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A glimpse at the craft of producing the Jack Ryan franchise with Mace Neufeld

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The stars of the silver screen may shine the brightest, but it is those people behind the scenes who are truly the glue for the movies we love so much, and when you get the chance to talk to a veteran producer to get some behind the scenes insight. With the recent release of "Jack Ryan: Shadow Recruit" on Blu-Ray I got the chance to talk to veteran producer Mace Neufeld about the magic of the Jack Ryan movies, some tricks of the trade and what has surprised him during his 40 year career as a producer in Hollywood.

Dave Voigt: This is the fifth Jack Ryan movie that you've served on as a producer, what is it about these stories that not only draws you in to make the films but audiences to keep watching them?

Mace Neufeld: Well first off, I do like these kinds of stories and if they are successful, I keep producing them, it's about that simple.

What is it that you look for in a script when you are making a movie?

MN: Well the character of Jack Ryan is just one that is so different and has always stood out from the James Bond and the Jason Bourne types. He's what the CIA used to call a "Water Walker" the kind of guy who can jump over all sorts of obstacles to a conclusion which is usually right, even though most people think they are wrong while they are doing it. I also like how he is a bit of a fish out of water in each of the films and still manages to come through. Those elements of the Ryan character really attract me and I have always found the world of intelligence to be incredibly interesting. People keep writing about it and it really is a great subject for film.

All these types of movies are usually location shoots, how do you as a producer really manage the logistics of it all?

MN: It really comes down to just trying to find the best people possible for the job. Ideally it's people who I've worked with before but that isn't always the easiest thing to accomplish. Especially consecutively considering the big gap of years between "Sum of All Fears" and this new one as some people just weren't available. However we shot "Jack Ryan: Shadow Recruit" in New York for four days, Moscow for two days and the balance of it was actually in England, Liverpool and London which doubled for Russia at times. At the end of the day we came out on schedule and on budget, and Kenneth Branagh was just such a great director and so focused, especially with the actors because he is such a great actor himself, and watching him direct himself was so interesting. Kenneth has a colleague who he has worked with before, and will have him basically sit by the monitor and deliver a line of dialogue in about 10-15 different ways just so has a lot of choices and someone to give him feedback when he puts it all together. It's quite a hat trick that he does and it's amazing to watch.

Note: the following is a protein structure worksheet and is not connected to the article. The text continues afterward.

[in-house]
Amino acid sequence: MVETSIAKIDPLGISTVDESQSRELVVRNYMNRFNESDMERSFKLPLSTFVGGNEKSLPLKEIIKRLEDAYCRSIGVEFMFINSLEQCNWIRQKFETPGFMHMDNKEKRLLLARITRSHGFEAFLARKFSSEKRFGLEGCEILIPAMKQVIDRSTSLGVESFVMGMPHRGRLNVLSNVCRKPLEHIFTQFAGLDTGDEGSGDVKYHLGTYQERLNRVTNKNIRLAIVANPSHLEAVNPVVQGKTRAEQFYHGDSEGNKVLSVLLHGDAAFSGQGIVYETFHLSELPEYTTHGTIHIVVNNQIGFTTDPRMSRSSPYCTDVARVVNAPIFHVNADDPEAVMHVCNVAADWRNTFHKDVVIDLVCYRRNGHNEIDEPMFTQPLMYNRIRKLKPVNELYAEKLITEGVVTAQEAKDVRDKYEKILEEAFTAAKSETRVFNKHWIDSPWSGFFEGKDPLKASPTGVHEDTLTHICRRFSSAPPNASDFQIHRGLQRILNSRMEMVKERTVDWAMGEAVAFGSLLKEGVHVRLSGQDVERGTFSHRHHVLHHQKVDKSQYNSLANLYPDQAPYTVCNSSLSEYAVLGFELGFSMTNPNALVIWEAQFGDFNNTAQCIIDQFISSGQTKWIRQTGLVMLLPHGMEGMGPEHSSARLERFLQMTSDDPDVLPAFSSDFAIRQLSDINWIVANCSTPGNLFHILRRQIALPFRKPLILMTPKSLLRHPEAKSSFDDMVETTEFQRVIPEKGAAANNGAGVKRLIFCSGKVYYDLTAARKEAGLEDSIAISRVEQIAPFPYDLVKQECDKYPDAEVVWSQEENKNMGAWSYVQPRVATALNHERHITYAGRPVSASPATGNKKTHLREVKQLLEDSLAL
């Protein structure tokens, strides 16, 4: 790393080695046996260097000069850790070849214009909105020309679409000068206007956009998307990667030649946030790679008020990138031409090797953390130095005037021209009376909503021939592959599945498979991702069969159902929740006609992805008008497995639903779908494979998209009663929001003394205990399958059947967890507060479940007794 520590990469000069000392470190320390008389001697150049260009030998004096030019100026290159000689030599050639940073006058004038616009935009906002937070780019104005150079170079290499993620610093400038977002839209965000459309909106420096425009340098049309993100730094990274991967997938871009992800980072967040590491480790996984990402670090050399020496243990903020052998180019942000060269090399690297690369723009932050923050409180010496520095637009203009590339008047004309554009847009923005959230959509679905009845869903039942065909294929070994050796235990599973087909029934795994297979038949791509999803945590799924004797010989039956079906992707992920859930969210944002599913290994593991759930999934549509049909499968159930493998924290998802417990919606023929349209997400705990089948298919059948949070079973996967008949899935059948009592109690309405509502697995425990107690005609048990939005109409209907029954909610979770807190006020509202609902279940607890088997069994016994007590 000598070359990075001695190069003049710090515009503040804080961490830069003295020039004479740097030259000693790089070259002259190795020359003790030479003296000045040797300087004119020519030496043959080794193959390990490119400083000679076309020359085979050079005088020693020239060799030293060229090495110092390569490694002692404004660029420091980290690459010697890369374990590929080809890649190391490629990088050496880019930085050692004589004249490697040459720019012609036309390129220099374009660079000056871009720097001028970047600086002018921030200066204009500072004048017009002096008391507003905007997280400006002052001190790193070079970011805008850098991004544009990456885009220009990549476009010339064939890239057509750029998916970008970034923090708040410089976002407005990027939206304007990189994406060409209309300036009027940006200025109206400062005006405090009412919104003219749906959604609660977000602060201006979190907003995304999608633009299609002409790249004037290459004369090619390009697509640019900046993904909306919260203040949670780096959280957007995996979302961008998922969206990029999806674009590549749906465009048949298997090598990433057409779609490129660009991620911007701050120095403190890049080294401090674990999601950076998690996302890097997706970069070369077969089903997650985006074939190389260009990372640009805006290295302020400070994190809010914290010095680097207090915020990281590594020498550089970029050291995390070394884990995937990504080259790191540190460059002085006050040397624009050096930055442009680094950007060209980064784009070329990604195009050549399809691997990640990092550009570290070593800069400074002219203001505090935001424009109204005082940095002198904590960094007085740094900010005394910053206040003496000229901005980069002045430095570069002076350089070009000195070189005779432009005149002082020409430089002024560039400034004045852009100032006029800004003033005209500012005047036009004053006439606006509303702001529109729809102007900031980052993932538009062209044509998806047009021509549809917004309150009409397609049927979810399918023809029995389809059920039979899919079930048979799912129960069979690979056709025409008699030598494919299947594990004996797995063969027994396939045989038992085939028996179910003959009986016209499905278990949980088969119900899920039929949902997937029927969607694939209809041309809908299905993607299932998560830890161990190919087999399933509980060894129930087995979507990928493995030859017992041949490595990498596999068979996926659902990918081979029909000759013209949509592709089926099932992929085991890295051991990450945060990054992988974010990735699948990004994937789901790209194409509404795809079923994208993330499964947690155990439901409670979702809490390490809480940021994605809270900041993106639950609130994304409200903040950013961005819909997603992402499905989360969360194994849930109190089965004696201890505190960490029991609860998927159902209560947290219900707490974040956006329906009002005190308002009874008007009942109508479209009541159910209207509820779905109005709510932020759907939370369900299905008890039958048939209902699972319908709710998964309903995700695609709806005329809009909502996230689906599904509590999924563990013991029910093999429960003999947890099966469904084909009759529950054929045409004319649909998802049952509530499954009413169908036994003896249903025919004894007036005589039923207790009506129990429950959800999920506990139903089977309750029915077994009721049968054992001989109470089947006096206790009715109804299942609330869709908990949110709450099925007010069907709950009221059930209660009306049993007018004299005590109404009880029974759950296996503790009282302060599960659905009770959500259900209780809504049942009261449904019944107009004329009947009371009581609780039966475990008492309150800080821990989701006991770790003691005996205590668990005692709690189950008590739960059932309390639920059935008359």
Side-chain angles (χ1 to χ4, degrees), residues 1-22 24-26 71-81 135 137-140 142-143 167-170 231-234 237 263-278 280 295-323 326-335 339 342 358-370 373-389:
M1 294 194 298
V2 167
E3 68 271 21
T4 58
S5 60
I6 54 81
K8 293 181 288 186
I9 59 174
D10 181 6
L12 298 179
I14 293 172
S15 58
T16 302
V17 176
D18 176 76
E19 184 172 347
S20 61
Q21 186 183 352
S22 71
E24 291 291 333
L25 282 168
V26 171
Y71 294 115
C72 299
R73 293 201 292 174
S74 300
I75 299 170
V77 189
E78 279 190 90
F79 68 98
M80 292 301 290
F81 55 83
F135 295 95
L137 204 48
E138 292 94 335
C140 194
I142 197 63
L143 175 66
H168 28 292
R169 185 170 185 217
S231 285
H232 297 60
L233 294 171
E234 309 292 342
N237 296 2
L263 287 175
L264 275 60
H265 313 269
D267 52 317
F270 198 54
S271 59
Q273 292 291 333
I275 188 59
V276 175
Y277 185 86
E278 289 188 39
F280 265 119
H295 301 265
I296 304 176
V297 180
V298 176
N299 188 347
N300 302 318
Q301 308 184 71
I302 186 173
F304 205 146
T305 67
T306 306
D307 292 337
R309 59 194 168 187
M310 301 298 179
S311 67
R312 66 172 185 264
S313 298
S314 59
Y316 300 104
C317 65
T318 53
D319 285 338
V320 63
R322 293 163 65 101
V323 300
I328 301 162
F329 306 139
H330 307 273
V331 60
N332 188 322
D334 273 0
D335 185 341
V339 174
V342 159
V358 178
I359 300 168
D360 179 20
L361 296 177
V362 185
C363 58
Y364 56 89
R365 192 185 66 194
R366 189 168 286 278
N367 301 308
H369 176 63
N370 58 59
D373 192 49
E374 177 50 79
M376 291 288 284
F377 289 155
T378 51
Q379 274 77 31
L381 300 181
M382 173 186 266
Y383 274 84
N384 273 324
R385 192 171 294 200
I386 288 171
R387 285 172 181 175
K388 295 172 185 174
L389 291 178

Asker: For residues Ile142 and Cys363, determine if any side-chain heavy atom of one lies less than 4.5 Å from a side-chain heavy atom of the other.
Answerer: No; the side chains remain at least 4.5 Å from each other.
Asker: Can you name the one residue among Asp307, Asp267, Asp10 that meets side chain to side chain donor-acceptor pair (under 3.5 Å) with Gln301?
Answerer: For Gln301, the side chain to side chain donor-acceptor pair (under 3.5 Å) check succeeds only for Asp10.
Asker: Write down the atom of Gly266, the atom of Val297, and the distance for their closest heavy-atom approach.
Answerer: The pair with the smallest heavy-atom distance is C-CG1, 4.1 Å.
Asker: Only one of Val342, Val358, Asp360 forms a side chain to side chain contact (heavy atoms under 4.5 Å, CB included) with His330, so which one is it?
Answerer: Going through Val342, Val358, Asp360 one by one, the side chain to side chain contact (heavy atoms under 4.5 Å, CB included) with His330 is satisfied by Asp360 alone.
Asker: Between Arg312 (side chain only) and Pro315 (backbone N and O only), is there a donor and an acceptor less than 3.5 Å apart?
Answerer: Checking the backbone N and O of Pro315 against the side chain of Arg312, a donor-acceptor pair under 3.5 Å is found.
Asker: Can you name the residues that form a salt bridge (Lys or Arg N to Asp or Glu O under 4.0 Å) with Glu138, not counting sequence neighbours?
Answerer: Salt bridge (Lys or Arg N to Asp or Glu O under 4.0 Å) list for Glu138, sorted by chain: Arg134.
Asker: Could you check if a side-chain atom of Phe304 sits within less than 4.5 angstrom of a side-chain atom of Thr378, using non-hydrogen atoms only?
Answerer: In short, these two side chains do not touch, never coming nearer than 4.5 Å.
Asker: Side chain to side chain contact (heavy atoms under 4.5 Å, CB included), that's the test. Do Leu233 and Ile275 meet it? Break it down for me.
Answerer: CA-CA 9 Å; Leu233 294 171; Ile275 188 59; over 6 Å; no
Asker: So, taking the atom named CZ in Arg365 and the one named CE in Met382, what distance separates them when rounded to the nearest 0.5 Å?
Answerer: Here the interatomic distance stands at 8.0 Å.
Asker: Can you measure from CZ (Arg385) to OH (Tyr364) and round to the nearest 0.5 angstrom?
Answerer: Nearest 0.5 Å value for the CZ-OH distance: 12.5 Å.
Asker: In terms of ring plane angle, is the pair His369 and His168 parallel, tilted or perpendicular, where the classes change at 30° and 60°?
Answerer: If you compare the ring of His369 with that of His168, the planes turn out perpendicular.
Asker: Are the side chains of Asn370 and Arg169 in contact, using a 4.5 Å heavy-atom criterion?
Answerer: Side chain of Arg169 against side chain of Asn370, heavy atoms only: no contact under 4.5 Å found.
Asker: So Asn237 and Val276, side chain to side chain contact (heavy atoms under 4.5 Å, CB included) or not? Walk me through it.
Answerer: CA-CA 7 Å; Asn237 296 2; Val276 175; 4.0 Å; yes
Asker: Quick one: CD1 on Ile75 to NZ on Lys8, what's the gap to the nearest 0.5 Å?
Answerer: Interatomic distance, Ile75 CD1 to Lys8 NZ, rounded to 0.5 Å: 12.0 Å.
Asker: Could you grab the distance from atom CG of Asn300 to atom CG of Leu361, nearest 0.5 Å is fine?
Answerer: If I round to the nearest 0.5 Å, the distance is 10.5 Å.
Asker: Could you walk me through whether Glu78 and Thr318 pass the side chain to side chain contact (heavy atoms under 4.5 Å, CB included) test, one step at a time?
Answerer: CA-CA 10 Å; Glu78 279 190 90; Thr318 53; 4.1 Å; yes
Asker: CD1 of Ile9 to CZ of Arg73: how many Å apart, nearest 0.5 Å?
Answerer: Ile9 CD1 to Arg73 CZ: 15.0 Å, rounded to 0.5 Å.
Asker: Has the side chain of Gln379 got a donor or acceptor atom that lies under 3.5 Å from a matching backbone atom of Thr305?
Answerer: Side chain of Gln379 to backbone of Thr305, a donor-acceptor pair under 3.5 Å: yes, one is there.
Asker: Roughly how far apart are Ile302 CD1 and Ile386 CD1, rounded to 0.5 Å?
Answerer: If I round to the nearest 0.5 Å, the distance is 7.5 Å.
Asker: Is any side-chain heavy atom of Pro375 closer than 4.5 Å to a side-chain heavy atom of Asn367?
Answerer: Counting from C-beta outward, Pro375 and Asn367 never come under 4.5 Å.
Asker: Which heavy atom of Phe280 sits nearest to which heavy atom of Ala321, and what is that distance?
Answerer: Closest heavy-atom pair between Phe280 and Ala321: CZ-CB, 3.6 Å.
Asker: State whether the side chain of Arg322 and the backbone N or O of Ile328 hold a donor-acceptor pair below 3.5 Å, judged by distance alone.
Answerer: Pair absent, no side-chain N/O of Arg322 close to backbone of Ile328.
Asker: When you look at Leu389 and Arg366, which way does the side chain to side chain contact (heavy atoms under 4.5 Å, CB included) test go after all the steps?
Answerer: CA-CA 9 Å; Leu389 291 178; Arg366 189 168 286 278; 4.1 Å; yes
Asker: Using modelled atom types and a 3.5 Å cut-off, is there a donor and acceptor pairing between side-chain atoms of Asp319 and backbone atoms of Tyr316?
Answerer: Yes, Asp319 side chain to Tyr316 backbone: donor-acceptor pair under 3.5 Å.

Kenneth was such an interesting choice as well because these stories aren't just straight action movies and they have such layers of drama and intrigue to them as well.

MN: Oh yeah, and I mean the big question was truly how much action could he handle? However he had done "Thor" previously which was also quite successful and follow this with "Cinderella" for Disney which they are apparently over the moon about so I would love to do another movie with him one day and catch him when he's available.

You've also produced a couple of my favorite comedies of all time; "The Frisco Kid" & "Transylvania 6-5000". Do you have a preference between action or comedy or is it truly a question of just being the right script, the right story at the right time?

MN: That's it, I really don't have a preference because I truly love comedy. However comedy can be very hard to do, and often times it just doesn't travel as well as you would hope around the world but that being said if I can help develop a really good comedy script that is something that I would really look forward to. Before I was a full time producer, I was also a manager and I represented some of the great comedy people and writers like Gabe Kaplan, Don Adams and Don Knotts. However it is hard, there are fewer and fewer directors who genuinely good at comedy and just more and more are adapt at drama.

Looking back at your career what is the one project that either positively or negatively surprised you the most?

MN: Well in a good way, I would say it would have to be "The Omen" back in 1975 which was the first movie I worked on because we made it released it and it was in the black and profitable by the end of the opening weekend! At the time, I really didn't understand how rare that actually was, so I gave up my partnership in the management company and just decided to do this full time because I thought that this was great...but of course it wasn't and I learned pretty quickly. Another surprise would be a movie you mentioned "The Frisco Kid". I remember calling my wife from Colorado when we were shooting with Gene (Wilder) and Harrison (Ford) and just said that I can't believe I'm getting paid for this because I am having so much fun! Now I'm still doing it and I am still having fun, two months away from turning 86.

At the end of the day, is there any way pick a favorite project that you've worked on?

MN: (Laughs) I am asked that question quite a bit and there's a few answers to be fair. Obviously "The Omen", plus I am very proud of "The Hunt For Red October" which spawned all these franchises which is amazing. We made it in 1990 and it came up on TV the other day, and I found myself watching it because it doesn't look or feel dated and it still holds up.

"Jack Ryan: Shadow Recruit" is now available on DVD, Blu-Ray, Digital Download and On Demand from all major providers.

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